Every 67 seconds, someone in the United States develops Alzheimer's. That means by the time most of you finish reading this editorial, almost 4 Americans will set foot on a path that ends in death for more than 500,000 people a year, making Alzheimer's — a form of dementia — the No. 6 cause of death in this country.
The number of Americans with Alzheimer's is expected to more than triple by 2050, to 16 million, up from 5 million today.
Research shows that one of the first signs of Alzheimer's is an inability to manage money or grasp financial concepts, which puts financial advisers and planners firmly at the epicenter of this impending crisis. As stewards of their clients' financial hopes and dreams, advisers must learn to recognize signs of Alzheimer's and formulate policies and procedures for dealing with clients who have trouble remembering and reasoning.
Advisers who refuse to deal head-on with clients exhibiting signs of Alzheimer's put those clients in danger of financial ruin. That's because investors with diminished capacity are at high risk for financial exploitation, both by fraudsters and less scrupulous — or uninformed — members of their own families.
That said, the care and protection of those with Alzheimer's disease must extend beyond financial advisers and planners. Broker-dealers, insurers, mutual fund companies and others in the financial services industry must do their part to establish protocols that balance clients' privacy with the protection of their financial interests. Regulators, legislators and other policy makers must also step up to establish rules and regulations that guard those with diminished capacity.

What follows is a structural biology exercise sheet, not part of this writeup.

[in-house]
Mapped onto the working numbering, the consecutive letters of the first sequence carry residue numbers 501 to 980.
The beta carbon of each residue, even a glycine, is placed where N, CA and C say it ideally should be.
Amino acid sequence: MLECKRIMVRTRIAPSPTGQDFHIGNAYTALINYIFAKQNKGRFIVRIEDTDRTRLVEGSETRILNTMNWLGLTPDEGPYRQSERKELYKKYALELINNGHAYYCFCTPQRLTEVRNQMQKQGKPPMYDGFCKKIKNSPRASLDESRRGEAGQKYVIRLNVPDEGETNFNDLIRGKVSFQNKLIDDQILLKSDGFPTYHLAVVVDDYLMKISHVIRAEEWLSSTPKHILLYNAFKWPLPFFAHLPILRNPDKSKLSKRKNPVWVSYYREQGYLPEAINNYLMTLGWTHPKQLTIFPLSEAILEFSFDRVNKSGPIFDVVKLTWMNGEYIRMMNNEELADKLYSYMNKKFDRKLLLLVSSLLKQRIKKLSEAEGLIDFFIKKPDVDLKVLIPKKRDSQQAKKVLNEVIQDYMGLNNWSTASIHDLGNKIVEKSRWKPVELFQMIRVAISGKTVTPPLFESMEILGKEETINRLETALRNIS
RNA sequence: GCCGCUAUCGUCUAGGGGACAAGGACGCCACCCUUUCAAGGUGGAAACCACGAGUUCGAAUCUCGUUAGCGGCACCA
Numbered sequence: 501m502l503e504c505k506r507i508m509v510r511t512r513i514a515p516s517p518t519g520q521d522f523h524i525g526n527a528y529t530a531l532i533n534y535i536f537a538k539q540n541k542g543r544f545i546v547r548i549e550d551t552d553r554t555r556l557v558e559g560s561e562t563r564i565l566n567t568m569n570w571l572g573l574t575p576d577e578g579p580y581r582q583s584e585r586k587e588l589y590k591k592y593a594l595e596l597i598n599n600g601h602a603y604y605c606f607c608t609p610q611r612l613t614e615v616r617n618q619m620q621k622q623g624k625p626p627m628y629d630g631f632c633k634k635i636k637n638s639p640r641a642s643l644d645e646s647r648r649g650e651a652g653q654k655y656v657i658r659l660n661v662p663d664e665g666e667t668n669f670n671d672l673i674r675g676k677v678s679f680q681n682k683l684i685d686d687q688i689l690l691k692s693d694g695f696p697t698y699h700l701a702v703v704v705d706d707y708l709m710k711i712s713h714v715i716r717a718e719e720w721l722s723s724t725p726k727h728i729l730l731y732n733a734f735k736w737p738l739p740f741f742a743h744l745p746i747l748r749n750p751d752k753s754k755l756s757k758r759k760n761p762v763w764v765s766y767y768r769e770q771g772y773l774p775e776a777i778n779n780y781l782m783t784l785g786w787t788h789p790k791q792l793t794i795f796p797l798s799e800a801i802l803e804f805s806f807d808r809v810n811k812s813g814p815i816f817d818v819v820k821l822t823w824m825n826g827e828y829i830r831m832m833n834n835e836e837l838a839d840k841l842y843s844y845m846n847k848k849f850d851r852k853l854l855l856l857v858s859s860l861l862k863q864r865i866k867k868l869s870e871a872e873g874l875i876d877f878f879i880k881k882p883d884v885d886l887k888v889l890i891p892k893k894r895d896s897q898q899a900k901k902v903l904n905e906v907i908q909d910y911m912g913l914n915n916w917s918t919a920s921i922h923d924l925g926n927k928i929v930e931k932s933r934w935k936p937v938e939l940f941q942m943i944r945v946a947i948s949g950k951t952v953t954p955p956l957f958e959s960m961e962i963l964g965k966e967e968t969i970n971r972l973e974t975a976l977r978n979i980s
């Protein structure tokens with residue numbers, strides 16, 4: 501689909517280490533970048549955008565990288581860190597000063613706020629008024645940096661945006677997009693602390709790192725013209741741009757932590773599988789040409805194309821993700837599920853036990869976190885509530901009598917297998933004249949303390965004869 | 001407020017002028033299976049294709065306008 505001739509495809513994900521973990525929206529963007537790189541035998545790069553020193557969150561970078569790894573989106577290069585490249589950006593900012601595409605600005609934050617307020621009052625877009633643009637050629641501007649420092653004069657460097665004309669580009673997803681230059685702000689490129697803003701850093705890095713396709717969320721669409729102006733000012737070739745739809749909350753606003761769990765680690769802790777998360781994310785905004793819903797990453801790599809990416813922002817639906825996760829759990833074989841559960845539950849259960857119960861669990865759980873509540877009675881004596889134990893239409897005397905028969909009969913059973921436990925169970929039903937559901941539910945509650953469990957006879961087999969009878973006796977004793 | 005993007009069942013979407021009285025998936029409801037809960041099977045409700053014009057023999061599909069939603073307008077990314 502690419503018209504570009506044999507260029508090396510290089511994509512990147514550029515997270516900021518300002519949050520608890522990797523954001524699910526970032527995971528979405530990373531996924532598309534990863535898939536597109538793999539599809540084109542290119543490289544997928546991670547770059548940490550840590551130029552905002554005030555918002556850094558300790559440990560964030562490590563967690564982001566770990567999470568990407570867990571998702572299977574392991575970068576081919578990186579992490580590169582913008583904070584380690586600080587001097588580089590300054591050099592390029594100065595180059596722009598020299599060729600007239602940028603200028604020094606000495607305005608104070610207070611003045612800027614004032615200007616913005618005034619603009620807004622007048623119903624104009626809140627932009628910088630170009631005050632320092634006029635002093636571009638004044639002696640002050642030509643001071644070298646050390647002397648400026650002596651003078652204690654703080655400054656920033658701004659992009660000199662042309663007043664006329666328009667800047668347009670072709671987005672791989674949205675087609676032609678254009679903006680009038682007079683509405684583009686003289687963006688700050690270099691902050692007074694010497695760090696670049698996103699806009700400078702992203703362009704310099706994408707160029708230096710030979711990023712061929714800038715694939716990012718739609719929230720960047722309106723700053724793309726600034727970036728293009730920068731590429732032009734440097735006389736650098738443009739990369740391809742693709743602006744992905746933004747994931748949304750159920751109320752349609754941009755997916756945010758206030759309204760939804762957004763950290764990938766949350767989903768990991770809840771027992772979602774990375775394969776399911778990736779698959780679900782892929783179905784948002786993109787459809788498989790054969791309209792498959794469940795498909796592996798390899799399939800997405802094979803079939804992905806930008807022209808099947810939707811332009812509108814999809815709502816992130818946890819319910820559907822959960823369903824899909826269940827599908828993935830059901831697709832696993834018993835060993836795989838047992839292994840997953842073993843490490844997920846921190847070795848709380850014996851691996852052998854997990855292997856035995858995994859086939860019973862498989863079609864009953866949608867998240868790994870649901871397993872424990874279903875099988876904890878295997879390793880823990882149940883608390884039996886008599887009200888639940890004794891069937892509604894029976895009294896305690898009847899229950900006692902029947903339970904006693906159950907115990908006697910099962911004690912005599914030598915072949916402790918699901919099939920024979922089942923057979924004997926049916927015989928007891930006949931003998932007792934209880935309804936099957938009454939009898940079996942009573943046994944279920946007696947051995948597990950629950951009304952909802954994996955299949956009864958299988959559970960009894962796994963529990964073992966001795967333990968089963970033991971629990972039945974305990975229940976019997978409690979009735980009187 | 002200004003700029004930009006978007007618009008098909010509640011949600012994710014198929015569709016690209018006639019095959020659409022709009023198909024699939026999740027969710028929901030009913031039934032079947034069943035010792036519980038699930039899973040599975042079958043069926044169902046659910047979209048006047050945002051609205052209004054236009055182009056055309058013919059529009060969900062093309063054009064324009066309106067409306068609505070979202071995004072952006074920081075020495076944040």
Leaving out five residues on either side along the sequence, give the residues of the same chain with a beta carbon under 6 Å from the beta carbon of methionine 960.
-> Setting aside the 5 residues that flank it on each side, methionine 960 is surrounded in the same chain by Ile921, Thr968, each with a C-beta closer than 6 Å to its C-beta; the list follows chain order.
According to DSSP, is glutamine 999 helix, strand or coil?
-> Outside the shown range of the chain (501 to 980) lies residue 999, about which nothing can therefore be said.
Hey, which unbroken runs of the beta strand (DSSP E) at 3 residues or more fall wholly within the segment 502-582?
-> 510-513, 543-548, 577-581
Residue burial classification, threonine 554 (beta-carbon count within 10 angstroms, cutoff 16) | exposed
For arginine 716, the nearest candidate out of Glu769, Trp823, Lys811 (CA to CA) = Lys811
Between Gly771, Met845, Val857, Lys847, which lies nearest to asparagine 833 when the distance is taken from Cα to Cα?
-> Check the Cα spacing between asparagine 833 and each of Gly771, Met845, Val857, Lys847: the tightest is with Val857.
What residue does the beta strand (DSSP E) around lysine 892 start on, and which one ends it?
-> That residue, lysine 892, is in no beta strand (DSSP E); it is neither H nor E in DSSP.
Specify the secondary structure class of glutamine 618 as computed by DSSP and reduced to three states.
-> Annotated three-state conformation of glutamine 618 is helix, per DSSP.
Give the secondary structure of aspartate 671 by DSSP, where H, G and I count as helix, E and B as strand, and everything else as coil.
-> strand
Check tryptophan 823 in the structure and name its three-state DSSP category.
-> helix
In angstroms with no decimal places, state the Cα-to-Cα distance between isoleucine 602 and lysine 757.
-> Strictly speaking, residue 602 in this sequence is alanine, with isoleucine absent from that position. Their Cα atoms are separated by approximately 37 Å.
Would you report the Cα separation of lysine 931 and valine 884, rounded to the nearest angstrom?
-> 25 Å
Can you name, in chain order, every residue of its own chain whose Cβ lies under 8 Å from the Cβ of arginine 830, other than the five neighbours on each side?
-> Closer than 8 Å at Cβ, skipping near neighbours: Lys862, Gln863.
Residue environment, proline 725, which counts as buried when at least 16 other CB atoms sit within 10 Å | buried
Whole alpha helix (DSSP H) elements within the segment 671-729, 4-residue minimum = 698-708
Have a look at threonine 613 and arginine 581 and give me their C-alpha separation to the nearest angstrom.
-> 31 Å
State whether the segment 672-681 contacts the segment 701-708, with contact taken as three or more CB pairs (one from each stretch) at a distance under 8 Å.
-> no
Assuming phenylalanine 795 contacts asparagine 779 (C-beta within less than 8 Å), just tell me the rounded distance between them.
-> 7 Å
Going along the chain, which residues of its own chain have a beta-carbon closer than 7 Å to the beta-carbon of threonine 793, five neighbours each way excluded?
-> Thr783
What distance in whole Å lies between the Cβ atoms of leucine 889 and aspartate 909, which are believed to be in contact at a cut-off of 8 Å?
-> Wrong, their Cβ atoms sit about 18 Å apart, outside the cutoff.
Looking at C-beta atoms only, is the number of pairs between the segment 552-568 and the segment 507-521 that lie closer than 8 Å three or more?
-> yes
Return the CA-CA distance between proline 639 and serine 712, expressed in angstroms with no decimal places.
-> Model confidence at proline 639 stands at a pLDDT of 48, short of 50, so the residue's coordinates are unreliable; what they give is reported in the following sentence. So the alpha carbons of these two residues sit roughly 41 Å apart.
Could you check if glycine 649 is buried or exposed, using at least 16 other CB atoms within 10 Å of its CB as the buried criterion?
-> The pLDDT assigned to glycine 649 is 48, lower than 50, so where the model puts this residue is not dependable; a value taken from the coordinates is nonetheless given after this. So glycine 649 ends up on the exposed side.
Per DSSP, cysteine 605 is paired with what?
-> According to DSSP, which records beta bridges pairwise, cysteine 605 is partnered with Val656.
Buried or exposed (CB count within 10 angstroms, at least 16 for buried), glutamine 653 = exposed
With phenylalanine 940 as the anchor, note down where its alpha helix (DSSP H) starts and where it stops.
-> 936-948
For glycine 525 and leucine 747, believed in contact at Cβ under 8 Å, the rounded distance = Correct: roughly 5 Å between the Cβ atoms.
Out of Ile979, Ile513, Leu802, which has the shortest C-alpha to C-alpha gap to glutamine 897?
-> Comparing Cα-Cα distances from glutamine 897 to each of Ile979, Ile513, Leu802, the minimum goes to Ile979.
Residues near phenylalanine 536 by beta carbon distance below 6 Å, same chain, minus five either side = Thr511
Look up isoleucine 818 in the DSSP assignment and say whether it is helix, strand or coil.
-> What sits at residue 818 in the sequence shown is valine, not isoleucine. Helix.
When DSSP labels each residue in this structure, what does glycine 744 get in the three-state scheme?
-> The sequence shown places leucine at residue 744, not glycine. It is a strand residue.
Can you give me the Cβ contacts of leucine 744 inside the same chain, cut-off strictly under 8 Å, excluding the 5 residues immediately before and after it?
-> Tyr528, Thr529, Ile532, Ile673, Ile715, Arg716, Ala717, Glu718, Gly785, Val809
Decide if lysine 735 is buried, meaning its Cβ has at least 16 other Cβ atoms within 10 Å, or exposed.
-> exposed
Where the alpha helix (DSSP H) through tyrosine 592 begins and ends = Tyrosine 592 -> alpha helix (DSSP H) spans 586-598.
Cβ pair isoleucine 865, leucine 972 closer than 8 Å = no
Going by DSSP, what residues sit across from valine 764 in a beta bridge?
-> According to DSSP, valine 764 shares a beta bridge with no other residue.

Unfortunately, most financial advisers and planners are woefully unprepared for the coming wave of Alzheimer's cases.
Sixty-two percent of advisers report that working with clients with diminished capacity is a problem for them, according to a survey released in 2011 by AARP. Even so, only about one-third of advisers are required by their firms to undergo formal training on issues related to diminished capacity — despite the fact that 83% of advisers believe such training should be obligatory, the AARP survey found.
That is unacceptable.
Financial advisers and planners of every ilk should be required to undergo a minimum number of hours of training every year on recognizing and dealing with diminished capacity among clients. If a client shows signs of cognitive decline, advisers should have a policy in place for ensuring that a spouse or other family member participates in decision making, and that all decisions are confirmed and well-documented.
Financial services companies should follow the lead of Wells Fargo, which recently launched a program called Elder Client Initiatives. The effort focuses on instructing advisers on the signs they should watch for and on then making the tough decisions, such as whether to freeze the account of a client who is making questionable withdrawals.
At the very least, financial services companies should be required to have protocols for including power-of-attorney documents in client files and making sure those documents are up to date.
Financial advisers and the companies they are affiliated with cannot afford to ignore the impending Alzheimer's crisis.